For Natural Products Marketers, It’s a Great Time to Do Business-in a Very Fresh Way

October 5, 2010

Knowing how business cycles work is part of strategic communications planning. We recommend that our clients follow a strategy that provides dual marketing budgets. One is a standard, “allocated” budget. The other is a newer concept, an “opportunities” budget.

Remember the skimpy national magazines of a few months ago? Personally, I recall picking up a health and fitness magazine that felt very limp and unfit. In down times, many companies seem to disappear in terms of advertising. However, they don’t really go away. They simply decide to pull back their marketing budgets and lie low.

Forward-looking companies see the opportunity to leverage lower media rates that may be available during difficult economic times to reinforce their brands and solidify their customer base. While they may cut back on advertising to a degree, these companies don’t raid their advertising and marketing budgets to cover other company needs. This is why these companies and their products are the ones customers see on a consistent basis. And, when the economy reboots, these companies hold a competitive edge because they’ll have been top-of-mind with consumers all along.

Knowing how business cycles work is part of strategic communications planning. We recommend that our clients follow a strategy that provides dual marketing budgets. One is a standard, “allocated” budget. The other is a newer concept, an “opportunities” budget.

The allocated budget is the big boy, so to speak. It sets the marketing course for the year and needs to do the heavy lifting and deliver. It charts the safe course of tried-and-true results and includes the media and marketing needs for the year based on information currently on hand. It covers advertising, public relations, social media, online media, and other components. In short, the allocated budget is the dependable workhorse.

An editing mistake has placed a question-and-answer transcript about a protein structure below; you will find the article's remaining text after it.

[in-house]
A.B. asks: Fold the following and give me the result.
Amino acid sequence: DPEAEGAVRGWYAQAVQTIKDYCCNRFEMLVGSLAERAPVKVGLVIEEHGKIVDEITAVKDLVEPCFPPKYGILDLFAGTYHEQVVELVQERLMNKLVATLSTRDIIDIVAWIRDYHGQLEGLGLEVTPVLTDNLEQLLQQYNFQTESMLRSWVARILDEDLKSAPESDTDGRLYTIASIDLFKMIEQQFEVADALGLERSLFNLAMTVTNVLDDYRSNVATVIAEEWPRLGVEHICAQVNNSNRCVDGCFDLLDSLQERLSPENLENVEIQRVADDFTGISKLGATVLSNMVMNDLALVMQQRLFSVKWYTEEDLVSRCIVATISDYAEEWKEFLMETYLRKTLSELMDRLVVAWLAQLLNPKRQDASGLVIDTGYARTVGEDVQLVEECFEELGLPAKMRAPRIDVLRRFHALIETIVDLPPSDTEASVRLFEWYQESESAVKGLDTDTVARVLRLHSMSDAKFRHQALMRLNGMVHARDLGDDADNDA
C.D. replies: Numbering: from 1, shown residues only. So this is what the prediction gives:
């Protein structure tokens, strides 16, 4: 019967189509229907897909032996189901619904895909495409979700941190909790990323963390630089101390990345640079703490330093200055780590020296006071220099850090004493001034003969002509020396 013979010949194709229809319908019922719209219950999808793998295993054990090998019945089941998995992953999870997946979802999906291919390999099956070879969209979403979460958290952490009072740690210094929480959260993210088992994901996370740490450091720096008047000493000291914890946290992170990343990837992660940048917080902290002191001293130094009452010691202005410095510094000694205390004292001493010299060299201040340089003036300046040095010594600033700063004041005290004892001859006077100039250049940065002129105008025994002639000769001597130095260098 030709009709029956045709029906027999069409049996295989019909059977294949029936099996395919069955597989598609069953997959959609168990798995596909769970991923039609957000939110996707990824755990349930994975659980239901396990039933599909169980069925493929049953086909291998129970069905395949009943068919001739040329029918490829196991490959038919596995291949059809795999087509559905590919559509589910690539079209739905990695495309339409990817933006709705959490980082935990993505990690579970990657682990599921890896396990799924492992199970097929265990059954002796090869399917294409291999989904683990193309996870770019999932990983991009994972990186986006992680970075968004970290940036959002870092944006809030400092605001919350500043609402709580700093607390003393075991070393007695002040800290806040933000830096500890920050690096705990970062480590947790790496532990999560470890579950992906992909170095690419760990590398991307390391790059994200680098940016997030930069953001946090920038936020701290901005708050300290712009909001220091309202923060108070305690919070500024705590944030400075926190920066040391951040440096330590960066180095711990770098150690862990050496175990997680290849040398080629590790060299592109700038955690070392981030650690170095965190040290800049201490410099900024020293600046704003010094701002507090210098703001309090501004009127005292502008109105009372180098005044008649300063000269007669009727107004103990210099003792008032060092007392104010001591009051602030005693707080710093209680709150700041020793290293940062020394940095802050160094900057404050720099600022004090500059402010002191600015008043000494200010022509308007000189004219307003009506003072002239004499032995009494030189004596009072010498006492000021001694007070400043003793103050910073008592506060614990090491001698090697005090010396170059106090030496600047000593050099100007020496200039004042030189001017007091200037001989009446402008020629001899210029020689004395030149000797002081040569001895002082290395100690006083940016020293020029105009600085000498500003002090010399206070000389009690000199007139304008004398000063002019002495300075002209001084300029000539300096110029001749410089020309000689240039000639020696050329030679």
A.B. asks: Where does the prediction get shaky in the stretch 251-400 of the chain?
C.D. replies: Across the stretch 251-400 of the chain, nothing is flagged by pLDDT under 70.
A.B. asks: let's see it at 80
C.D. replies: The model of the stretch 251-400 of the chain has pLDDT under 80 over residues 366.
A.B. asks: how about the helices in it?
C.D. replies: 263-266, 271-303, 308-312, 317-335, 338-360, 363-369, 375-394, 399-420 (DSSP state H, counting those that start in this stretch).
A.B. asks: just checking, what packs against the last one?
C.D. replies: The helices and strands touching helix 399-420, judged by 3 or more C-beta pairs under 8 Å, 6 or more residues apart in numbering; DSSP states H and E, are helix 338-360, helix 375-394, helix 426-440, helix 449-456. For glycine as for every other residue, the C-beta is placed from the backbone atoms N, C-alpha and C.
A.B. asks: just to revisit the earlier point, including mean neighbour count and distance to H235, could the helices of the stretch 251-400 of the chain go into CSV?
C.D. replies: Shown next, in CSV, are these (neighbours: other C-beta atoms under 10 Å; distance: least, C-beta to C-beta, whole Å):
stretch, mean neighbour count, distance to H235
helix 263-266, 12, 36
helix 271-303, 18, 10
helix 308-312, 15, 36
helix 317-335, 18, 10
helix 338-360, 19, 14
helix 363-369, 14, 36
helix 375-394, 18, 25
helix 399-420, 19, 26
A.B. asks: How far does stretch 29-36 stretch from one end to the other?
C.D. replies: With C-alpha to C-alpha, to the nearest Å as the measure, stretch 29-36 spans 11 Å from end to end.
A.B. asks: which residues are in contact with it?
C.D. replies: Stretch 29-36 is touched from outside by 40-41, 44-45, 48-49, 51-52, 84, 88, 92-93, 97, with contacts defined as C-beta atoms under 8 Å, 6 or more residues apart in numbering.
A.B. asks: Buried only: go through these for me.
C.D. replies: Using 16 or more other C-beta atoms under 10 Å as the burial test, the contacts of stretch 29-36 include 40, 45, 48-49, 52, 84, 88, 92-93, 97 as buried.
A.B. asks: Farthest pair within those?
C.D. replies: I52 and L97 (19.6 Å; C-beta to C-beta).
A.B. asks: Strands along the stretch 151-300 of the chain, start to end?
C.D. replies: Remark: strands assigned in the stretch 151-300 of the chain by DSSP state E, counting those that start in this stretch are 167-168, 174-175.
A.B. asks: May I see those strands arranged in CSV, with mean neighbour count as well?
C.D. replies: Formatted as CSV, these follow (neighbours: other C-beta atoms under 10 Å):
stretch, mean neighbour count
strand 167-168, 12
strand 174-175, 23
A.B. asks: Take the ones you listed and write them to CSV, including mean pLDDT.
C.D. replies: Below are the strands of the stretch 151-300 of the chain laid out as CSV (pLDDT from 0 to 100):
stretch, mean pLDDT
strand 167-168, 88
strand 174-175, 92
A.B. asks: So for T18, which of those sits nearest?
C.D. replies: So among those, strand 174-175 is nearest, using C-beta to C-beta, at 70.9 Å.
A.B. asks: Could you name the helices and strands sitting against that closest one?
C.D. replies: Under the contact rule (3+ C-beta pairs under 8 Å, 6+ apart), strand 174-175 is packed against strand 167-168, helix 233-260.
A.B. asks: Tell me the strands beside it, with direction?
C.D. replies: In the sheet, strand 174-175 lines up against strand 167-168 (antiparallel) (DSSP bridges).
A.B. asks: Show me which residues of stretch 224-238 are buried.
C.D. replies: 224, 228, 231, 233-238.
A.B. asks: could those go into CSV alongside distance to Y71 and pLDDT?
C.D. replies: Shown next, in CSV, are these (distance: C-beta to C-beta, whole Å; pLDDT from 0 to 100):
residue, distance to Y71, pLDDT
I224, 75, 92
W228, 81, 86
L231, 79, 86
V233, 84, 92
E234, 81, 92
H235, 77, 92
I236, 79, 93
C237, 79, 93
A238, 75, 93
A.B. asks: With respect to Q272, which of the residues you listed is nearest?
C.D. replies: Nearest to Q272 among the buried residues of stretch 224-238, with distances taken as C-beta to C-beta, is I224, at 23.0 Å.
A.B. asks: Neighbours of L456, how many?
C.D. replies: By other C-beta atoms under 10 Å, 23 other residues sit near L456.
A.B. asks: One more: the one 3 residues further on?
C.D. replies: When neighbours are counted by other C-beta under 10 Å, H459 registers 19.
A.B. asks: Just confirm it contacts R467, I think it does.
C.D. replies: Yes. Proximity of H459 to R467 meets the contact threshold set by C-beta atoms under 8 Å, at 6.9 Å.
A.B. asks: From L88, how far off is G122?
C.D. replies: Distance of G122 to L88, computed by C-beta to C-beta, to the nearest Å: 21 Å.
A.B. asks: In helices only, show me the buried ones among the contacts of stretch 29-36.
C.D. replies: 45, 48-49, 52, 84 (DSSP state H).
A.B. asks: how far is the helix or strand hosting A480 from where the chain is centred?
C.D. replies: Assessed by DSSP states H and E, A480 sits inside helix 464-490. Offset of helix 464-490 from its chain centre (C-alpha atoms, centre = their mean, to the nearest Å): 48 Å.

The opportunities budget is allocated for following new paths. It is strategically held in reserve to capitalize on developments that may not be present at the time the annual budget is planned. It exists strictly to take advantage of opportunities that may arise later in the year. For instance, when media representatives get in touch with special deals and bonus pages, the opportunities budget comes into play.

When marketers have major successes, the opportunities budget provides resources to develop case histories, photography, web postings, direct mailings, and trade show handouts to advertise this success. When good things happen, the opportunities budget provides the funds to promote them. Conversely, this budget can also be spent when marketers need to partner with other marketers to fight legislation or ideas that are bad for the industry.

The idea behind the opportunities budget is to spend it just like the allocated budget. It must be tracked and documented in very real terms. The opportunities budget is very intentional; the dollars spent are to support and leverage sales and marketing efforts and are accountable in every way.

In the end, I don’t expect to see more money in client budgets, but I do intend to apply new ways of thinking about how to best leverage the money that’s there. All of us have learned to have some cash on the side to survive in economic hardship. How about having some cash set aside to help a company grow and prosper?

Nancy Wilhelms is president of WestGroup Marketing Communications Inc. She has worked in the natural products industry as marketing director for a natural products company. As president of WestGroup, she has been serving the marketing and public relations needs of natural products companies and businesses since 1982. She is an accredited member of the Public Relations Society of America. Contact Nancy at nancyw@teamwestgroup.com.